Alan, on 28 October 2012 - 06:49 AM, said:
I was about to run Techtool Pro on my external drive for the first time and I thought I would delete a few of the earliest time Machine backups to make the work of Techtool faster, because it can take a long time to defrag etc. The idea (of running TTP) being to speed up Time Machine. Now I realize the folly of this idea, but when I did it it seemed like a good idea. : (
I was doing this on my wife's laptop MBP 216 Ghz Intel Core Duo running 10.6.8 with 4 Gb 667 Mhz DDR2 SDRAM. The external HD is a 500 GB Griffen FW.
The internal HD has 3.9 GB of space left and I am unable to delete the Backup files from the trash and unable to transfer them back to the external HD from where they came. I get a dialogue box that says "The operation can't be completed because an unexpected error occurred (error code - 8003)". I get the option of "Stop" or "Continue".
What are my options?
There are some suggestions listed in this article:
In section 2, you're only interested in the last command shown.
sudo rm -rf /Volumes/Macintosh\ HD/.Trashes
Replace the "Macintosh\ HD" with the name of your external drive. Precede any spaces in the name with backslashes. And it's probably a good idea to disable Time Machine for the duration of this task.
In case you don't understand *why* this idea was folly: Unless you're in the habit of making manual changes to the disk, there's no reason a Time Machine drive should exhibit any noticeable amount of fragmentation in the first place. The free space in particular shouldn't be fragmented. I think in your case I'd take a step back and take a closer look at the motivation. What makes you want Time Machine to be faster? It it taking a really exceptionally long time, or is it taking an acceptable amount of time but having an unacceptable impact on the system performance, or is it just a matter of principle?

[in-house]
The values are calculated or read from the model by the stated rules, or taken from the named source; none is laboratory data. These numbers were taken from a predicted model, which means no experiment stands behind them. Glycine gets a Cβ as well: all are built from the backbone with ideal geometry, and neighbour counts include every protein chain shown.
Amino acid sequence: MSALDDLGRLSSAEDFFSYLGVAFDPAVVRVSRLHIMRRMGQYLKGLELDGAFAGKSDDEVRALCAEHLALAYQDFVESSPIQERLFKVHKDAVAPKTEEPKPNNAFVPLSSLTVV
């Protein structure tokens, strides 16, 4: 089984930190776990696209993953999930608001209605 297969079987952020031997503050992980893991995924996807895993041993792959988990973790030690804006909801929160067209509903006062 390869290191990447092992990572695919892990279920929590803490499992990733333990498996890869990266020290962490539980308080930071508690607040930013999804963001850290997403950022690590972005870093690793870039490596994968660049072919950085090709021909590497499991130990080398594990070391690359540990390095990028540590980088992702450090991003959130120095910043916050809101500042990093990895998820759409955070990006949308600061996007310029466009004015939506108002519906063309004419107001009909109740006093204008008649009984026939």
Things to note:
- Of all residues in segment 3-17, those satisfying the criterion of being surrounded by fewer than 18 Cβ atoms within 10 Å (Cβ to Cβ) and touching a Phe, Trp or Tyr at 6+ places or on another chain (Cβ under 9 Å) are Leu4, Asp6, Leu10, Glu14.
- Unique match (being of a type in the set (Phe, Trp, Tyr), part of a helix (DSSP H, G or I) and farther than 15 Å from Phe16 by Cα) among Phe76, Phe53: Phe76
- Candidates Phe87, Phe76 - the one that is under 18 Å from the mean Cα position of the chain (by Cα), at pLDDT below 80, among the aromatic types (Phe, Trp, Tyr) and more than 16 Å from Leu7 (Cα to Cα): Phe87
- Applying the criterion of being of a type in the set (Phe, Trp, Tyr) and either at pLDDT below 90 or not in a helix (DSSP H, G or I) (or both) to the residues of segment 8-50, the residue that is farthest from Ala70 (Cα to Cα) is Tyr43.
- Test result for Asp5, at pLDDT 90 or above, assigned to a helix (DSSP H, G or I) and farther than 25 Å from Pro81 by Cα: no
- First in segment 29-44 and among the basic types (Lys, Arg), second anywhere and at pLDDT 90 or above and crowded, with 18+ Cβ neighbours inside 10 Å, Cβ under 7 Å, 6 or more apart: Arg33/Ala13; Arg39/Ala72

If it's taking longer than you think it should, you might want to use a program like Backup Loupe (http://www.soma-zone.com/BackupLoupe/
) to make sure that what you should be backed up is. Perhaps you'll find large, frequently changing files that aren't critical. Perhaps there's a folder you meant to exclude but forgot.
If the system impact is a problem...well, I'm not sure what to say. I've *seen* it, but it's a relatively rare problem and I don't know what causes it. My Core 2 Duo mini works fine with a FW drive. My mother's somewhat newer machine works fine with a USB 2 device. My wife's Core i7 notebook with SSD (and the Core 2 Duo that preceded it) are terrible going to multiple drives with each of those interfaces. Barely usable while TM is running, so she just does it manually after she's done each day.
If you just want it faster on the grounds that it "should be" faster despite not really impacting you in any noticeable way.... I've got no help there, either. Basically I'd consider that a fool's errand.